Women with migraine headache are more likely to develop preeclampsia and women with either migraine or preeclampsia are at increased risk of stroke.
Kathryn L. Adeney, MPH; Michelle A.Williams, ScD
To summarize and evaluate available empirical research on the relationship between migraines and gestational hypertension or preeclampsia and to provide direction for future research in this area.
Migraines affect a substantial proportion of reproductive-agedwomen and have been associated with cardiovascular risk factors and ischemic disease in this population. Preeclampsia is a vascular disorder of pregnancy, also linked to adverse cardiovascular outcomes.
Publications were identified by a MEDLINE search using keywords "migraine," "preeclampsia," and "gestational hypertension," and by examination of the reference lists of identified articles.
The literature review yielded 10 studies addressing the association between migraines and preeclampsia or gestational hypertension. Of the 10 studies, 8 reported a positive association between the syndromes.
Available evidence suggests that migraines and preeclampsia may reflect an underlying predisposition toward ischemic injury. More rigorous epidemiologic research is warranted, after consideration of several important methodologic issues.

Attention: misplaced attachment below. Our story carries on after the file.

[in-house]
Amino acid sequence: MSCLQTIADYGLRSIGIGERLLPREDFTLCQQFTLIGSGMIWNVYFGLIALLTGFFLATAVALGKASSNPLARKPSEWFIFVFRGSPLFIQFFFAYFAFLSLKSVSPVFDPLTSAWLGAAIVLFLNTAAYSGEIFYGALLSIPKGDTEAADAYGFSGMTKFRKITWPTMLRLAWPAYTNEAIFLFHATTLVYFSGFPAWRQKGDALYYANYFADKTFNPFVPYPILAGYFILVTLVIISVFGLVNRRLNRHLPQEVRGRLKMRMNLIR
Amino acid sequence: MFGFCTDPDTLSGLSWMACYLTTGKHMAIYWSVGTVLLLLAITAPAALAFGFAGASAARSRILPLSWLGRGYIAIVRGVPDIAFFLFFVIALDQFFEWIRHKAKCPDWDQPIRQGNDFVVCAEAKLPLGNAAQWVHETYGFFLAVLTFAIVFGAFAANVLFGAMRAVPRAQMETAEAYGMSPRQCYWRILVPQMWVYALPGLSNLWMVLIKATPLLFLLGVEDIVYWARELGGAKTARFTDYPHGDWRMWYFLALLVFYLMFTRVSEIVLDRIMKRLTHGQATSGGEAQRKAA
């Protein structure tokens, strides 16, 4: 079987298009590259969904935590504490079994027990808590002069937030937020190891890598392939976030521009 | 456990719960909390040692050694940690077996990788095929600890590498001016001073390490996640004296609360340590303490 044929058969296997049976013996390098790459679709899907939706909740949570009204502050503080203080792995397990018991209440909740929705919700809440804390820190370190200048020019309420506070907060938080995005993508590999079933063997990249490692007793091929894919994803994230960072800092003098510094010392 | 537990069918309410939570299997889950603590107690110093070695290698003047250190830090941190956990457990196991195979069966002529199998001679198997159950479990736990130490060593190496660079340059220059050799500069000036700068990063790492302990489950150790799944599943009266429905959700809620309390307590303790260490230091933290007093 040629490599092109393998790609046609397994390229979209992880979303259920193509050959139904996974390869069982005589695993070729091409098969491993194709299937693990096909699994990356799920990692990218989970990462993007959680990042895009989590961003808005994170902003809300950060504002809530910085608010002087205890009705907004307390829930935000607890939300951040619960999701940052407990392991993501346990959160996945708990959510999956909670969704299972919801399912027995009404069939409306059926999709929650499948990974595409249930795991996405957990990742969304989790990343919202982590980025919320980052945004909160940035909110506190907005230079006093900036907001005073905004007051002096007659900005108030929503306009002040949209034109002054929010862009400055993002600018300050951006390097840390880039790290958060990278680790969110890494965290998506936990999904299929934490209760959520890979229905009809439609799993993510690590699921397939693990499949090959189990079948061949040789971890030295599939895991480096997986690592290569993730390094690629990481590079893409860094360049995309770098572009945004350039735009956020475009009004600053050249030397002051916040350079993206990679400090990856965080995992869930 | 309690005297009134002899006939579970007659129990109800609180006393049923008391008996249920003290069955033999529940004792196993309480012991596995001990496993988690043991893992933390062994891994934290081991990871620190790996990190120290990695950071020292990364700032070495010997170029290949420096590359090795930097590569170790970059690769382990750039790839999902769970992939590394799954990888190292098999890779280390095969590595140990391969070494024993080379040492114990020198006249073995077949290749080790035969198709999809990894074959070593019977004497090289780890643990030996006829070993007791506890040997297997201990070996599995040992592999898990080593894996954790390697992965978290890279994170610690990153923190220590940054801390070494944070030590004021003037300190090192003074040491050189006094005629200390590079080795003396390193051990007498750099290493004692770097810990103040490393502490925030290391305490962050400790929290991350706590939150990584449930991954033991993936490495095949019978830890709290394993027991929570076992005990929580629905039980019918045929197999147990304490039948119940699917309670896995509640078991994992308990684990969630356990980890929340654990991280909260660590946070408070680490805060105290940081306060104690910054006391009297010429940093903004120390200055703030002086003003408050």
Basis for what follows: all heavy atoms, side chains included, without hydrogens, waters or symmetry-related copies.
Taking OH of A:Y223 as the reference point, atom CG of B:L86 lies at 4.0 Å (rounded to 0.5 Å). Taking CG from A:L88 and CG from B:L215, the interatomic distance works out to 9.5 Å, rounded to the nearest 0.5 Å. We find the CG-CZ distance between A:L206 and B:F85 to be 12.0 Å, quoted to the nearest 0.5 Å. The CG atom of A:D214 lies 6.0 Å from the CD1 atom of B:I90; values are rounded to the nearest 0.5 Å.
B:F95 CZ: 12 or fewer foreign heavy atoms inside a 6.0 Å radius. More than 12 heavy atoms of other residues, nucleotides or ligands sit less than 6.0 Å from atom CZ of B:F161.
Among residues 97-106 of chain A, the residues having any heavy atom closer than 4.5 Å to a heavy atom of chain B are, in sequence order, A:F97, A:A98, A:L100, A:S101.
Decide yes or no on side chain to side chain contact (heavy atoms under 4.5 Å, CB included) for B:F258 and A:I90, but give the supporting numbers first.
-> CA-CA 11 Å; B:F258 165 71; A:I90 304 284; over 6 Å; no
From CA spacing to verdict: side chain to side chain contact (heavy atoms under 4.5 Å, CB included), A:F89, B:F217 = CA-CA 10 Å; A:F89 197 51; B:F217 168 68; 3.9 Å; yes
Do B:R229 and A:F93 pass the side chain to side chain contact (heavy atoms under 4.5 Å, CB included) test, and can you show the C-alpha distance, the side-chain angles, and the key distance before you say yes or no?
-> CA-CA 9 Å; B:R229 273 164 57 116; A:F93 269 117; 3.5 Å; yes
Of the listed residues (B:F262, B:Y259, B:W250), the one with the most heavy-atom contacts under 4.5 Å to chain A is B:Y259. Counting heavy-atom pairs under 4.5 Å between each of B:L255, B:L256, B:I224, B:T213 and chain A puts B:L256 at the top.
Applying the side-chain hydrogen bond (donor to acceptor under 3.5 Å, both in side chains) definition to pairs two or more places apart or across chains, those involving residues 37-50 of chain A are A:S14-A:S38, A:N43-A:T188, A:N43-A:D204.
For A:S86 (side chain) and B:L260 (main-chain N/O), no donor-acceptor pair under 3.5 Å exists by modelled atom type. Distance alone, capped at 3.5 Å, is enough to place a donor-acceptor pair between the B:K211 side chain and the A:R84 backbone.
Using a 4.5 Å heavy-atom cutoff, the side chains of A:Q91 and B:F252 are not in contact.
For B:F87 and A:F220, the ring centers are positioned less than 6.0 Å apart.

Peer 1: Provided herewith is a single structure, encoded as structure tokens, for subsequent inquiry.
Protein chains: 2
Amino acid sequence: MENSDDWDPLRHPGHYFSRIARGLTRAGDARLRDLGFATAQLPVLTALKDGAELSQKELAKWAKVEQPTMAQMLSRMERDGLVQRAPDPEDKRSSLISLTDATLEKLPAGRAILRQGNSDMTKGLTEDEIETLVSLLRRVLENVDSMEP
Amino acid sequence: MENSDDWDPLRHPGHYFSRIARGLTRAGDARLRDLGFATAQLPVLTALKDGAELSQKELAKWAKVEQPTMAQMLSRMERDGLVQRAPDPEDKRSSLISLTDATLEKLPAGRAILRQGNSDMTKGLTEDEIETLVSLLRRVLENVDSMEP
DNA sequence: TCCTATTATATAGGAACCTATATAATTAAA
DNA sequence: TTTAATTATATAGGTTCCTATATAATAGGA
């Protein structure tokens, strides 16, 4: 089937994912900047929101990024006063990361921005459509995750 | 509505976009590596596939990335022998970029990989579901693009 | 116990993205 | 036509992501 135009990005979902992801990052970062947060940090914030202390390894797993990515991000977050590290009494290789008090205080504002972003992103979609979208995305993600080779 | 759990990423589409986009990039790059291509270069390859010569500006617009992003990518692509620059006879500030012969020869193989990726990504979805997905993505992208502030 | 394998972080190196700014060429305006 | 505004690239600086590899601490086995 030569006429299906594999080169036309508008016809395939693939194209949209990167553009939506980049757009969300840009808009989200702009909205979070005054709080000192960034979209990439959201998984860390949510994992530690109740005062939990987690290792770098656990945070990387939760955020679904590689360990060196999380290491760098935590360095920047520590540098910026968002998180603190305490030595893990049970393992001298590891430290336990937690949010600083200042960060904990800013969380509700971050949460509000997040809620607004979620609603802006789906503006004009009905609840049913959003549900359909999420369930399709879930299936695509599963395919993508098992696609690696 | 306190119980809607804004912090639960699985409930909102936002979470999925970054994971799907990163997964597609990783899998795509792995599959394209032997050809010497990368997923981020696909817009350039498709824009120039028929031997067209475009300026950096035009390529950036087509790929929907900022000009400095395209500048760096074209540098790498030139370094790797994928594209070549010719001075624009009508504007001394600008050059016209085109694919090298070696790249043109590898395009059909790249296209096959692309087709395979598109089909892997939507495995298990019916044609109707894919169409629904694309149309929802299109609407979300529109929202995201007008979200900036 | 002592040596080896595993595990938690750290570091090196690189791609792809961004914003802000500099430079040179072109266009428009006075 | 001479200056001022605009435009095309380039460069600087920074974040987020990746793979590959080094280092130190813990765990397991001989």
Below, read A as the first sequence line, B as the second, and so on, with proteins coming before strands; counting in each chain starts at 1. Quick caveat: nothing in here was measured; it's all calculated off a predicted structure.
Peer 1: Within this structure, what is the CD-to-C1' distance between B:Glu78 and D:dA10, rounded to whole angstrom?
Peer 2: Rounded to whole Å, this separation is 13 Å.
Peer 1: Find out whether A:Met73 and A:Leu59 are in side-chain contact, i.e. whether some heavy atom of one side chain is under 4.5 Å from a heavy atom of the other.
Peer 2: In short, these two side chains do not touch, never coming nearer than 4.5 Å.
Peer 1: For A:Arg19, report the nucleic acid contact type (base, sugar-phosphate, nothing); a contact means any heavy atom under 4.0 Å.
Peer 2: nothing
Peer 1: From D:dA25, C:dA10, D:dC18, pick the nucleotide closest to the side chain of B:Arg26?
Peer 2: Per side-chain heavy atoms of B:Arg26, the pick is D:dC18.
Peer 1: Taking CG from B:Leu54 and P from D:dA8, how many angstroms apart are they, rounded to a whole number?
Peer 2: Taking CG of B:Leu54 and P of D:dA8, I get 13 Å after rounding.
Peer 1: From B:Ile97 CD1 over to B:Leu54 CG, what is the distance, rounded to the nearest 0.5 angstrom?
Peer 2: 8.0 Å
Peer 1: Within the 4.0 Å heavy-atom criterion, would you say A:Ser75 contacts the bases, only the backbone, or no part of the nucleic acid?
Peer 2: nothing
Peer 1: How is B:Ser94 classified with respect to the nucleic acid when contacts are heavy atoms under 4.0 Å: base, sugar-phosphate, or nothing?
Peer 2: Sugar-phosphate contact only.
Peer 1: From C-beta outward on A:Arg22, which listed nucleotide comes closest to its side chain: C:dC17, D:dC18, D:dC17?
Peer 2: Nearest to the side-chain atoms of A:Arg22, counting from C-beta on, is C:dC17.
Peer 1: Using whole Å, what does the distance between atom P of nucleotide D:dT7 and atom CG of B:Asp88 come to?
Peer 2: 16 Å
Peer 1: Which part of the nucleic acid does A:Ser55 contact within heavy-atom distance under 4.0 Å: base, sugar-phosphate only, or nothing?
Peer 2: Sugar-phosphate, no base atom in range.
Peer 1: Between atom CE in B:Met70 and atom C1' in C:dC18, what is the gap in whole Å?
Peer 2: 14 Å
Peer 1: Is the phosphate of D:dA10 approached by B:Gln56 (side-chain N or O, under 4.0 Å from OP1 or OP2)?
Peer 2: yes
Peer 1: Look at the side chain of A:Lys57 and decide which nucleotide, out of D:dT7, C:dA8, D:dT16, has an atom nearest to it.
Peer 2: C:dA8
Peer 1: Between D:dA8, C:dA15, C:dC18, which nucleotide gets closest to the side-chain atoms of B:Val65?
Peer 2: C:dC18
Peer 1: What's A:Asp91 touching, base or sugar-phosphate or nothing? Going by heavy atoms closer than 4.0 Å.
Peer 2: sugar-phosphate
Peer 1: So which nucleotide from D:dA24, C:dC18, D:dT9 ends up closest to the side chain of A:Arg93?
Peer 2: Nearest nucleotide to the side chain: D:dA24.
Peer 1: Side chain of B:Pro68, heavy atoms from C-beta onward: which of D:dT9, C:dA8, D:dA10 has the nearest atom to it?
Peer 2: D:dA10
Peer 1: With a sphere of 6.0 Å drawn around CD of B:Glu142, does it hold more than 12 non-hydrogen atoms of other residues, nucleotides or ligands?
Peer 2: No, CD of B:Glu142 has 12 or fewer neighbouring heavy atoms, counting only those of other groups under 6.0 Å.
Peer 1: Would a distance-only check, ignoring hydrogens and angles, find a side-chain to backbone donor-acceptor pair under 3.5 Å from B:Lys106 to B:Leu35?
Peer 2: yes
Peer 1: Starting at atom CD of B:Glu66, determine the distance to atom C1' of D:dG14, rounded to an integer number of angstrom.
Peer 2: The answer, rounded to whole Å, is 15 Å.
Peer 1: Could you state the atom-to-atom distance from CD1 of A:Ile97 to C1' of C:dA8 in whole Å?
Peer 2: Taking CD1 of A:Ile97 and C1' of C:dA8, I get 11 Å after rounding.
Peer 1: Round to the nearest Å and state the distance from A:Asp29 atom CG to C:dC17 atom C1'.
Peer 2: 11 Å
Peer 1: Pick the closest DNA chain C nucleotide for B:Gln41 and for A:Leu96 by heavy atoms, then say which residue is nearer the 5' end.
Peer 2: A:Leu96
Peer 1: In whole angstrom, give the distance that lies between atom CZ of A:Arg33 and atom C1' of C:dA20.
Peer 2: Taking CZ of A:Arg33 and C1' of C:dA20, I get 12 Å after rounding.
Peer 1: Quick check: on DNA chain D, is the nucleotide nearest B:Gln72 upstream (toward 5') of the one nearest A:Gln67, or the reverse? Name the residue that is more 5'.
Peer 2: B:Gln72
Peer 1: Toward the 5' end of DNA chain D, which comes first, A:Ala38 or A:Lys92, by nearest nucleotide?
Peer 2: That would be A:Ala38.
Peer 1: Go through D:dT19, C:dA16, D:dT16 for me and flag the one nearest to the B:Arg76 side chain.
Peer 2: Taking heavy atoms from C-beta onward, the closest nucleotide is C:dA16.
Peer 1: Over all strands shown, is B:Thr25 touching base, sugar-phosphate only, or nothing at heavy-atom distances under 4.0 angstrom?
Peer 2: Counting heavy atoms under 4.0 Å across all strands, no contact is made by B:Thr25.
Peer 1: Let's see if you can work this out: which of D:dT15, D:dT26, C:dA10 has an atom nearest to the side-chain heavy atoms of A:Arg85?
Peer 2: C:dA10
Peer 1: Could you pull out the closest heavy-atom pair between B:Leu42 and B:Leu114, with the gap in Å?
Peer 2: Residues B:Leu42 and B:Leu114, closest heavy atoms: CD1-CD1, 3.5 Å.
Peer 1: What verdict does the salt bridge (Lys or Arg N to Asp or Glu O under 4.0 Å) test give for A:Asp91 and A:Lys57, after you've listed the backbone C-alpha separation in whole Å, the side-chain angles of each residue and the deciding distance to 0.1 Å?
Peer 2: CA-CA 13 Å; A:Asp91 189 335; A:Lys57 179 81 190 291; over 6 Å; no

Given the high prevalence of migraines in reproductive-age women, that 8 of 10 studies have indicated an association between migraines and pregnancy-induced hypertension (or preeclampsia), and that available evidence suggest that women with either condition are at increased risk of stroke, more rigorous epidemiologic and laboratory studies are needed to clarify the relationship. A true association between migraines and preeclampsia may yield further clues to the mysterious etiologies of both disorders.
If certain women are predisposed to endothelial Headache dysfunction and ischemia (placental or cerebral), they may be at elevated risk for stroke and severe cerebral damage.
Early diagnosis and treatment of migraine may help prevent adverse pregnancy outcomes and future occurrence of serious vascular disorders.